My heart unexpectedly crashed when I read your blog. My head later caught up with my emotional reaction as I quietly meditated over what was going on in me.

Not once in my 40-year career as a professional service provider and as an active member within three congregations over that period of time was my work ever acknowledged as a form of worship, let alone prayed over and sent out by the church. Rather the implicit message was, "That is great what you do out there. Now, can you lead a group or teach a class in the church where God's real work is done?" And I did that in each of the churches where I was a member. Over the years, church participation was something more for me to do, over and beyond the service I provided in the community, especially for families in the community who would otherwise not financially afford the professional help.

Sadly, my connection with other church members was often peppered with requests for free advice or expectations that my professional privilege should easily be brought into the church life to enhance God's Kingdom work inside the church walls. I often experienced both a deeply felt fatigue and isolation in my church participation. Church was another drain on my personal resources of time and energy. I never experienced church as a resource or support for the work I did outside the church walls.

 It is not that the theology of sacred work was not preached. But it was not put into practice because neither I nor the church leaders knew the practical implementation of supporting and commissioning professional knowledge-holder's work outside of the church walls.

July 31, 2020 was my last day as a professional service provider. I surrendered my state license. A part of me is sad; a part of me feels relief. However, my role in the church remains disconnected apart from participating in corporate worship.

I am resilient. I deeply love the Lord. I will be fine. But something was missing for decades. I am just beginning to understand the cost for the church and myself.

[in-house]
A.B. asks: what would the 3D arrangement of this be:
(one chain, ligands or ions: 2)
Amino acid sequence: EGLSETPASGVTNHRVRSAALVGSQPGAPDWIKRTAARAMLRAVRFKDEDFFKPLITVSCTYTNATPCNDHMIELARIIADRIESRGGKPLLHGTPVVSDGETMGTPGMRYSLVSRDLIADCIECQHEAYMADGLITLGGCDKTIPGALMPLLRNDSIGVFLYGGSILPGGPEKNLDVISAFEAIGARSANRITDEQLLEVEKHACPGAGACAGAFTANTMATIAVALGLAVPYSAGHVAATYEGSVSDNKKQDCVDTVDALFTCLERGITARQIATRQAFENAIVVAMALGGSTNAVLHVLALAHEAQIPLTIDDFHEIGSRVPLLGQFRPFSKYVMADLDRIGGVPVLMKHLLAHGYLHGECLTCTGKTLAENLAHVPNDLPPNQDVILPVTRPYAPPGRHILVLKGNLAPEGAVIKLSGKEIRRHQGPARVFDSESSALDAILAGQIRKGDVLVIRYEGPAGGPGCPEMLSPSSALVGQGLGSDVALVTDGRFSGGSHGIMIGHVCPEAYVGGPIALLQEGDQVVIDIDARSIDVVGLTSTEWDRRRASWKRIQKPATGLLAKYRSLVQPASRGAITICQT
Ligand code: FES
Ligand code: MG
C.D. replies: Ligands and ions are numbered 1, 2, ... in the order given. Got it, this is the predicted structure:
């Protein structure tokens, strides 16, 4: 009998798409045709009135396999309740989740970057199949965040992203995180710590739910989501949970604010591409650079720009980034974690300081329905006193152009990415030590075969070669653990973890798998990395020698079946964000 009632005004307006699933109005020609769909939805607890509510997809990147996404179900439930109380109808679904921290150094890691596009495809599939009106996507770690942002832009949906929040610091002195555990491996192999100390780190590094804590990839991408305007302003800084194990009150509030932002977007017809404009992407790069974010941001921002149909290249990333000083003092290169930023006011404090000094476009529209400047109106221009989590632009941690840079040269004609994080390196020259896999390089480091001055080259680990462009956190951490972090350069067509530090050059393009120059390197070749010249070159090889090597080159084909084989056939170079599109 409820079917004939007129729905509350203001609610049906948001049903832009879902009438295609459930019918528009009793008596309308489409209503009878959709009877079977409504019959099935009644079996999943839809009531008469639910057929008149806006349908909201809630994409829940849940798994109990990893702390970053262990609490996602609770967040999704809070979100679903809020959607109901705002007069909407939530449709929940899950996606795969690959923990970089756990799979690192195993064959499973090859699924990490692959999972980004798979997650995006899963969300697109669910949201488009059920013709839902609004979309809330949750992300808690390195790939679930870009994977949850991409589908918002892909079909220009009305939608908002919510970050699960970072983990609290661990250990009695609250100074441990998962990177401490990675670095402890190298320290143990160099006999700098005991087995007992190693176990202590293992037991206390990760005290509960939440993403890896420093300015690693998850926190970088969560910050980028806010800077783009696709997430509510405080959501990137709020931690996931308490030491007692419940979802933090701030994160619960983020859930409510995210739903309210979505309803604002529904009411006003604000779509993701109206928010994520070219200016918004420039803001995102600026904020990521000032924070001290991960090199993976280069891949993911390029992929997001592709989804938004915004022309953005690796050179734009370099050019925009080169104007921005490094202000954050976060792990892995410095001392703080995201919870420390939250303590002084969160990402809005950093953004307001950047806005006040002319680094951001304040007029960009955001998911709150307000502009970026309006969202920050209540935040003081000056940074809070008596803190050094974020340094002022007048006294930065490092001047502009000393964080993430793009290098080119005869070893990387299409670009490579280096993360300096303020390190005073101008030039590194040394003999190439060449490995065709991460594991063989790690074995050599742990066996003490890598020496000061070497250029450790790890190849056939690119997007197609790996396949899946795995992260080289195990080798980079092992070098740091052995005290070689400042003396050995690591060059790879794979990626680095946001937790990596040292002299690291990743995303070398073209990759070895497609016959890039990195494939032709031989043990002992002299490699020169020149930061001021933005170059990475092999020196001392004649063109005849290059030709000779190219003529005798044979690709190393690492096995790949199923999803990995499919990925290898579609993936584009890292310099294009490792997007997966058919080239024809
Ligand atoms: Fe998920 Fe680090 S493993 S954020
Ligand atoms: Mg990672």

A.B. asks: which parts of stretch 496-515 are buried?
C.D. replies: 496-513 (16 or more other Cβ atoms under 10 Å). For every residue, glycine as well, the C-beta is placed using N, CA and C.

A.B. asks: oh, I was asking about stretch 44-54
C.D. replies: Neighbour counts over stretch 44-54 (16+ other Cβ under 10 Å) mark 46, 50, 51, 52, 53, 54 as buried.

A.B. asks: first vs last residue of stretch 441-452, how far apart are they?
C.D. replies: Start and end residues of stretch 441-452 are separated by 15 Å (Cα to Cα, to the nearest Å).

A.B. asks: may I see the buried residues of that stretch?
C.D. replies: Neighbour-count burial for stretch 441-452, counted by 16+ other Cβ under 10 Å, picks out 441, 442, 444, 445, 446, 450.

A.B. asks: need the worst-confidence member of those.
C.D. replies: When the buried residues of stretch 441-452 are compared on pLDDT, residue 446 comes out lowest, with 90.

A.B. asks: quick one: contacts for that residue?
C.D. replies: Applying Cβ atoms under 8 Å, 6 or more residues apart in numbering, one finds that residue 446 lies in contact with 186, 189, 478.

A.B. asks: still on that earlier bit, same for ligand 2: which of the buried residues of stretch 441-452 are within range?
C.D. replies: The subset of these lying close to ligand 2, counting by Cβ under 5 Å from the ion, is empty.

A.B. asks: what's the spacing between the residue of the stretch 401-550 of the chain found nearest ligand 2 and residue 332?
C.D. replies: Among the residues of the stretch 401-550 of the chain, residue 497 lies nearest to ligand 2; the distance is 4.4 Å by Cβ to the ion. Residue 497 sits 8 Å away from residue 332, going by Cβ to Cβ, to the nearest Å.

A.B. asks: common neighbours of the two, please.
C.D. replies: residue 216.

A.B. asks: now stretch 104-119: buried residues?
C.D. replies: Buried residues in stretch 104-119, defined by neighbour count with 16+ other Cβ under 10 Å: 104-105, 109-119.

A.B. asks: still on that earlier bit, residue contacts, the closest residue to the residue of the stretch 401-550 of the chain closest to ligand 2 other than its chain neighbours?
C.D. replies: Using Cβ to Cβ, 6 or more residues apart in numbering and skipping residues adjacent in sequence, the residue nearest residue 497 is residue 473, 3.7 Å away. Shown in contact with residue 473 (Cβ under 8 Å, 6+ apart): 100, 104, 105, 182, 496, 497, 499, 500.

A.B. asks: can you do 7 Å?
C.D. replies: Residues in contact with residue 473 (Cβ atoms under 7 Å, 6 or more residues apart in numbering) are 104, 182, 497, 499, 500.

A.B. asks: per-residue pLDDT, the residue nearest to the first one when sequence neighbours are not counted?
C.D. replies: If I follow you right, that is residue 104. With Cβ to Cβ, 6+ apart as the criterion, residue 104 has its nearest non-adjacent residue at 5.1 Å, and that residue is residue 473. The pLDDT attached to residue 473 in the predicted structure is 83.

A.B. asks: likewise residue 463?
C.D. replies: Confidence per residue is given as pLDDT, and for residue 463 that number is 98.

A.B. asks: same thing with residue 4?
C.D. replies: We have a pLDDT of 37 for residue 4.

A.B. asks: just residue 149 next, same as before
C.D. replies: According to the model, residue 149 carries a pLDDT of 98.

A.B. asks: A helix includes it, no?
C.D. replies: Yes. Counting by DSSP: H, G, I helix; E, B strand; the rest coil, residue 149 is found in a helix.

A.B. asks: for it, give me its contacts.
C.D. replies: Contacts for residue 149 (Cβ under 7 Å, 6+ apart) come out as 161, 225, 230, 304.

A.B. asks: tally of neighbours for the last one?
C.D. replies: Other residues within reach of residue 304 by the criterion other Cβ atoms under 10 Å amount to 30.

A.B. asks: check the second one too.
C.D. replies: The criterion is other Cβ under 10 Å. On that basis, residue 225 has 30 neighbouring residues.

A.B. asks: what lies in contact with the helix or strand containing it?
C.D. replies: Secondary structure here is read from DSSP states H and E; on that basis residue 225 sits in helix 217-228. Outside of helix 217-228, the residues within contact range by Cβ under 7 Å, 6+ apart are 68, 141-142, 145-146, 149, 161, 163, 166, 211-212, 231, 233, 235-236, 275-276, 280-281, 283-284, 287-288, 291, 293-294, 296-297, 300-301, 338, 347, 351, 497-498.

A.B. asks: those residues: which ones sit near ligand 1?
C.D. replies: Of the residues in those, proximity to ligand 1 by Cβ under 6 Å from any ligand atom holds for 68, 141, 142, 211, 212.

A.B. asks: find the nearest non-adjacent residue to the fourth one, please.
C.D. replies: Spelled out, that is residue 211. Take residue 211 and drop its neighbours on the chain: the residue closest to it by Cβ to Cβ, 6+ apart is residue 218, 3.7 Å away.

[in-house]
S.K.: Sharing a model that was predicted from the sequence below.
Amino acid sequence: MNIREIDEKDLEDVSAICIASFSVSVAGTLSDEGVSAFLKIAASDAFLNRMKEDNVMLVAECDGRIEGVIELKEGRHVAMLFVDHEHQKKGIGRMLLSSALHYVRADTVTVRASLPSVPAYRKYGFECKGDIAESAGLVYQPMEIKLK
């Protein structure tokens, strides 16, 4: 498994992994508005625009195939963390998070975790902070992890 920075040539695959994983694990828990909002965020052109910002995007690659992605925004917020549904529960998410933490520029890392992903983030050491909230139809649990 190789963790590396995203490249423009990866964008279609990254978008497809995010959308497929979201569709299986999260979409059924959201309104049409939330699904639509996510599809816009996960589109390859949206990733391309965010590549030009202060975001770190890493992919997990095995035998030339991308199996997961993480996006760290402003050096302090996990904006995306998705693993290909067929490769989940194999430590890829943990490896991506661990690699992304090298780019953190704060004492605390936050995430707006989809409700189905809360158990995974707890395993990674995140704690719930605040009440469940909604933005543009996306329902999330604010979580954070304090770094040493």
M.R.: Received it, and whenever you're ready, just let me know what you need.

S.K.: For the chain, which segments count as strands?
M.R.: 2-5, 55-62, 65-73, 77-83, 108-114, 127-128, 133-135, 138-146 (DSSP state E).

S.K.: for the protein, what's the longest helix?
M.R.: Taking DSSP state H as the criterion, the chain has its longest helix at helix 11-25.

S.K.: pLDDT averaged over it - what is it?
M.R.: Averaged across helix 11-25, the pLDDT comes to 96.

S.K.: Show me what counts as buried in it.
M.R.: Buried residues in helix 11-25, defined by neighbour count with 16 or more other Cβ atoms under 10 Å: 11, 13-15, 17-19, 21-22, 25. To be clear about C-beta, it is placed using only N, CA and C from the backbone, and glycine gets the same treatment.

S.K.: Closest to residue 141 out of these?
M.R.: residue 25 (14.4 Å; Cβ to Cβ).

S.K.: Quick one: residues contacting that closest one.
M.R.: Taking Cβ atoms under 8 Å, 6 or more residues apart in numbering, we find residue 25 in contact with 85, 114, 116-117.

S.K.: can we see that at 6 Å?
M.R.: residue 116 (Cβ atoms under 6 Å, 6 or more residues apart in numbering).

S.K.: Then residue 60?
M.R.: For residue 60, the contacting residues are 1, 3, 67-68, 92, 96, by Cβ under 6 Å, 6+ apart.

My heart was deeply saddened when I read this.  It haunted me for days.  The last sentence especially gripped me:  "I am just beginning to understand the cost for the church and myself."

There is cost on both sides.  

The Church scattered, meaning the people of God from Monday-Saturday, suffer significantly when they are not equipped, encouraged, discipled, and commissioned to do their work as an act of worship with specific teaching on what that practically looks like.   

But the Church gathered also suffers significant lose in this dichotomy between sacred and secular.  The loss is so great yet often missed.

Kindred Spirits

Shortly after receiving this response to the blog, I had an opportunity to meet with other Business as Mission practitioners who are also passionate about bringing this opportunity of discipleship into the church.  Sadly, this group is very, very small.  But I did find a kindred spirit.

Devin Dickle, from Open USA.  Their motto is to "integrate the power of God and business to transform lives among the least reached.  In further conversations, Devin informed me that he wrote a paper called, "Overcoming the Church and Business Divide."  I encourage you to read it.  You have heard this message from me as well as from Discipling Marketplace Leaders for some time, and it is good and refreshing to hear someone else deliver a very similar message.  Then, if you have time for more, please listen to Devin's talk below.  

I have been encouraged by this and I hope you are too.  In a couple of weeks, the Business as Mission (BAM) Global Congress is going to meet, and Discipling Marketplace Leaders is going to have an opportunity to share, as well as work with other leaders who have a passion for BAM and the Church to come together.  Please pray with us for this time, that it may be Spirit led and directed! We pray that we may find many more kindred spirits who have sensed a call to comprehensive discipleship of the nations!